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Slug Phototaxis, Thermotaxis, and Spontaneous Turning Behavior

  • Paul R. Fisher
  • Sarah J. Annesley
Part of the Methods in Molecular Biology™ book series (MIMB, volume 346)

Abstract

Dictyostelium slug phototaxis and thermotaxis are readily assayed phenotypes that reflect with great sensitivity and specificity the interactions of environmental stimuli with morphogenetic signaling systems controlling the collective movement of slug cells. Methods are described for conducting and recording phototaxis, thermotaxis, and spontaneous turning experiments, although it is pointed out that spontaneous turning rates are not easily measured in most strains of molecular biological interest. Both phototaxis and thermotaxis can be assayed qualitatively for rapid screening of prospective mutants and quantitatively for detailed phenotypic analysis. Both types of assay are simple to conduct, but require care to avoid the potentially misleading effects of other factors such as cell density and extraneous thermal and chemical gradients that might influence slug behavior. The quantitative analysis and statistical testing of conclusions are carried out using directional statistics, because traditional statistical methods for linear data are inappropriate and potentially misleading when applied to directional data. The appropriate statistical methods are given for measuring maximum likelihood estimates and confidence intervals for the average direction (μ) and the accuracy of orientation (κ) for unidirectional orientation, as well as the two preferred directions (±α) and accuracy of orientation in bidirectional phototaxis. In addition, tests for uniformity (κ = 0), for equality of κ in the two-sample and multisample cases, and for bidirectional phototaxis vs unidirectional phototaxis are described. These methods are readily implemented in the R environment for statistical computing and the functions required to do so are described and provided.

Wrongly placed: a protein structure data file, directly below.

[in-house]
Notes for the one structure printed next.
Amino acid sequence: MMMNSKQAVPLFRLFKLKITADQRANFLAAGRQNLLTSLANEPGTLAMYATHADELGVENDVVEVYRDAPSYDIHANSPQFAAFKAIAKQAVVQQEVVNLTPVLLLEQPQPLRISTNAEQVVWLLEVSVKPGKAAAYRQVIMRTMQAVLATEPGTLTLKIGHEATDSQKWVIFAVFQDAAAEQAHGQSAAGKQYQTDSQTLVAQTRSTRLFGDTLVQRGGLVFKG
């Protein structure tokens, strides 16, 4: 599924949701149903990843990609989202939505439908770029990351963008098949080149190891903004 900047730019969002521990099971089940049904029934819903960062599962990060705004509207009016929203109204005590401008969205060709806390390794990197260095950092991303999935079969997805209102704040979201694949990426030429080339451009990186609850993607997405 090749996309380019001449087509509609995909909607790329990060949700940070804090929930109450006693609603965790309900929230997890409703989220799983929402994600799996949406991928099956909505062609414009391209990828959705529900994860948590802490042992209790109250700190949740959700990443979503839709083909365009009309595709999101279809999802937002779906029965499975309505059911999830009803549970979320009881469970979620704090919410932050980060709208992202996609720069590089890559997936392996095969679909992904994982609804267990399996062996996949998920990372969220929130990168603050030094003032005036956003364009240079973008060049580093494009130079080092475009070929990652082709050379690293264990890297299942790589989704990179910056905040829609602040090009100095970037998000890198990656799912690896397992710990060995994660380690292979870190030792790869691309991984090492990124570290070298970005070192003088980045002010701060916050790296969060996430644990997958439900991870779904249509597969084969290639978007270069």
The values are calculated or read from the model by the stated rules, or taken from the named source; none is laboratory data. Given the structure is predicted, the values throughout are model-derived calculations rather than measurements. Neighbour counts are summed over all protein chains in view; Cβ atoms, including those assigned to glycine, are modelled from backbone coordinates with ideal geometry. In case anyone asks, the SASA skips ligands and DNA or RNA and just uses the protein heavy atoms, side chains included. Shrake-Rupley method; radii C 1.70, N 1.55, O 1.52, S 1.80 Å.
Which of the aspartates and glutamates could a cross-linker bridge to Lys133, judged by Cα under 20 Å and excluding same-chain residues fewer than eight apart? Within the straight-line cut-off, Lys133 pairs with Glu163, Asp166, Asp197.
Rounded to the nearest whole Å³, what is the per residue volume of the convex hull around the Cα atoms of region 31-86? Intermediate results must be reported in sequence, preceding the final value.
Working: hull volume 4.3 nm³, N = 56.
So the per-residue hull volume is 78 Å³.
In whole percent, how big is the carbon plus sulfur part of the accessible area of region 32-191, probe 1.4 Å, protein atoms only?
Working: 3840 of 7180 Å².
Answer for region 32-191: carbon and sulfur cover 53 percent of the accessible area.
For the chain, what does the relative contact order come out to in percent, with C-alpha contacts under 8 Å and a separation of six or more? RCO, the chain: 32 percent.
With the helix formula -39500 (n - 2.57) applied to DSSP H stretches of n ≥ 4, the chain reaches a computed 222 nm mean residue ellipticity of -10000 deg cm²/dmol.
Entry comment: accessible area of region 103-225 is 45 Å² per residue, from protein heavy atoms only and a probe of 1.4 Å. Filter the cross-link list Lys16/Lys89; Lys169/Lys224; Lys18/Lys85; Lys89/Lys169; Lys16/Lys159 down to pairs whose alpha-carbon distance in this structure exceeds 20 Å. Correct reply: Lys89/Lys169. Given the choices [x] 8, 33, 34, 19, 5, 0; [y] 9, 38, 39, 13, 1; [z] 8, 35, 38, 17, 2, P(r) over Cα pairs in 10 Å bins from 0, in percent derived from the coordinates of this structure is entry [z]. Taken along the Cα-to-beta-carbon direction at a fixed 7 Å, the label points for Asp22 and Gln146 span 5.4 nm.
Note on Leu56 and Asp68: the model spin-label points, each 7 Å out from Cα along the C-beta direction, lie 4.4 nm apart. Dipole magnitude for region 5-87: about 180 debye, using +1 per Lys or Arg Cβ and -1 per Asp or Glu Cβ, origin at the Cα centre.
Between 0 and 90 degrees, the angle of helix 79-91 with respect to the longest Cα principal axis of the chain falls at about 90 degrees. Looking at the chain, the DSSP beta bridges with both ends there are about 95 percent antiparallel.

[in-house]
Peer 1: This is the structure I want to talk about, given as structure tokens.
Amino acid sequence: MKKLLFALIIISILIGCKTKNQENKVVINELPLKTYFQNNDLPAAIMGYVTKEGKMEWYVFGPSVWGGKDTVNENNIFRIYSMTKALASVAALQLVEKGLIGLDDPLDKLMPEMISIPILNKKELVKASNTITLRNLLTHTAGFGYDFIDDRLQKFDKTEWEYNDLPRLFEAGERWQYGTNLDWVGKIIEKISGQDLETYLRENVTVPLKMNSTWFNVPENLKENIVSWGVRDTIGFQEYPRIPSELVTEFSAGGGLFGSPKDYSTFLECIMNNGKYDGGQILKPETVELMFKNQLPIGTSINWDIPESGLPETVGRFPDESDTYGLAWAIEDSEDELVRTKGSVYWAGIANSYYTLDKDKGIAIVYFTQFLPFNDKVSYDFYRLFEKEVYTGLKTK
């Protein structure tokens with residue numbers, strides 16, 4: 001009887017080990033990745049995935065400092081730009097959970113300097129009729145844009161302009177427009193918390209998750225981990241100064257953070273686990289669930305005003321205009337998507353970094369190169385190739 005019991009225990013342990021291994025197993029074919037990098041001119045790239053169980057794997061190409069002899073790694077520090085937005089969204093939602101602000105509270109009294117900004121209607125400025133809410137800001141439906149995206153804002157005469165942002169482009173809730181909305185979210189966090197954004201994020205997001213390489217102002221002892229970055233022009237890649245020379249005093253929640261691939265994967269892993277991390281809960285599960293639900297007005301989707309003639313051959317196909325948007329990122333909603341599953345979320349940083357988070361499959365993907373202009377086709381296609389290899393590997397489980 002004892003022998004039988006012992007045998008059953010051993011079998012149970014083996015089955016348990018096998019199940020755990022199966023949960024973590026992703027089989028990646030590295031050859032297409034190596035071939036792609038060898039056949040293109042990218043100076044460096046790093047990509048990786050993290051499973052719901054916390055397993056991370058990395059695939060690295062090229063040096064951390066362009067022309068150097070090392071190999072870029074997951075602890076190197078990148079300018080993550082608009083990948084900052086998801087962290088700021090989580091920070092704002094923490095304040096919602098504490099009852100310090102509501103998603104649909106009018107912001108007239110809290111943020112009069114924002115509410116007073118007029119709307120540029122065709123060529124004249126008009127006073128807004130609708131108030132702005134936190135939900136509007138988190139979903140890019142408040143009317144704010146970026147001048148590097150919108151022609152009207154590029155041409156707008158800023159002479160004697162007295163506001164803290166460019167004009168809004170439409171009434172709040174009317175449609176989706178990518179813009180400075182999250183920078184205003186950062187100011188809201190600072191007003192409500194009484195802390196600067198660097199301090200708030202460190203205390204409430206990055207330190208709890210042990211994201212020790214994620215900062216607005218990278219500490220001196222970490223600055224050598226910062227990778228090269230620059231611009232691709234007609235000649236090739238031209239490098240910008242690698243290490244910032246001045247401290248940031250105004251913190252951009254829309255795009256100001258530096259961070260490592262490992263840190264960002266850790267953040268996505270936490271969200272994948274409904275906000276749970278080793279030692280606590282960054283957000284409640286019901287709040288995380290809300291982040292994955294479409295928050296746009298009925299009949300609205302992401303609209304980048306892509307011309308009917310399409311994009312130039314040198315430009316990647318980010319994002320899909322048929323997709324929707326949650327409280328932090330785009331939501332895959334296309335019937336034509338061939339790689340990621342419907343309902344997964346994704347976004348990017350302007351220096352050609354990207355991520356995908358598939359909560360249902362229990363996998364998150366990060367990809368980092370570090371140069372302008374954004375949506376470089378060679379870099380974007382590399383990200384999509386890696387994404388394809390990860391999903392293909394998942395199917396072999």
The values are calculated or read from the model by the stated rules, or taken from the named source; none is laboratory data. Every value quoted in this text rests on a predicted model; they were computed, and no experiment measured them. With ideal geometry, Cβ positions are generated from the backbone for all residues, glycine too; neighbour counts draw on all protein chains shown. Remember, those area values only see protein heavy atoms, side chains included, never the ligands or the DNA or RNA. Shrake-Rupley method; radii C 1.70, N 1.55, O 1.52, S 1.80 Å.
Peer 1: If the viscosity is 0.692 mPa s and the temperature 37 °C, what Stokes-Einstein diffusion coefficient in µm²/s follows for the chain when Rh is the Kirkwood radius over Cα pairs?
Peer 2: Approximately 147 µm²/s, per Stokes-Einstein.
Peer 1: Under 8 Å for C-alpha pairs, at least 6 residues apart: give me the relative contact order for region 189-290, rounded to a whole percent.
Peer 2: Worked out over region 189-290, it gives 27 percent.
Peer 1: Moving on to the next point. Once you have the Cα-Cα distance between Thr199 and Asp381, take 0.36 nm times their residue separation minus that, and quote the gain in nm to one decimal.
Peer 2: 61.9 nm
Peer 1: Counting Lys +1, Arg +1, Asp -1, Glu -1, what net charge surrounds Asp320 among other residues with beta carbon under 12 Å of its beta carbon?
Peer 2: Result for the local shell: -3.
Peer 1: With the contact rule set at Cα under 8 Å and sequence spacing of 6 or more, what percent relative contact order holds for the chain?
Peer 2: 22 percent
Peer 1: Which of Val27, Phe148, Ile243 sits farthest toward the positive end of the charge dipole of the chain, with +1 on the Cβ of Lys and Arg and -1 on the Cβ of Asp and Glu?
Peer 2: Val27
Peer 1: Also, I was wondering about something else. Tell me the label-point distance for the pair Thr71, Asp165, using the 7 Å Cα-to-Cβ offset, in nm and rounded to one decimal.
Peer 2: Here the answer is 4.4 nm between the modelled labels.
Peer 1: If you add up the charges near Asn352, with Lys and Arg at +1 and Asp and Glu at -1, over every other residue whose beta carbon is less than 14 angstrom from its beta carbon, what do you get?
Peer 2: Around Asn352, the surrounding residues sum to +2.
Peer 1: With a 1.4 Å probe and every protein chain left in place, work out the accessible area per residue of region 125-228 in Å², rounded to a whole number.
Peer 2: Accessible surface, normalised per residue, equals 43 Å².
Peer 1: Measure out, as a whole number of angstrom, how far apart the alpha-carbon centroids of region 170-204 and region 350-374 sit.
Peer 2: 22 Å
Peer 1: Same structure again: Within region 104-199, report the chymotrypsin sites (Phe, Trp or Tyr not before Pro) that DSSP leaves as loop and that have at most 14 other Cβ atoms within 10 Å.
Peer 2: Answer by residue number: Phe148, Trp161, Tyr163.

Key Words

Dictyostelium phototaxis thermotaxis spontaneous turning directional statistics von Mises distribution 

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Copyright information

© Humana Press Inc., Totowa, NJ 2006

Authors and Affiliations

  • Paul R. Fisher
    • 1
  • Sarah J. Annesley
    • 1
  1. 1.Department of MicrobiologyLa Trobe UniversityBundooraAustralia

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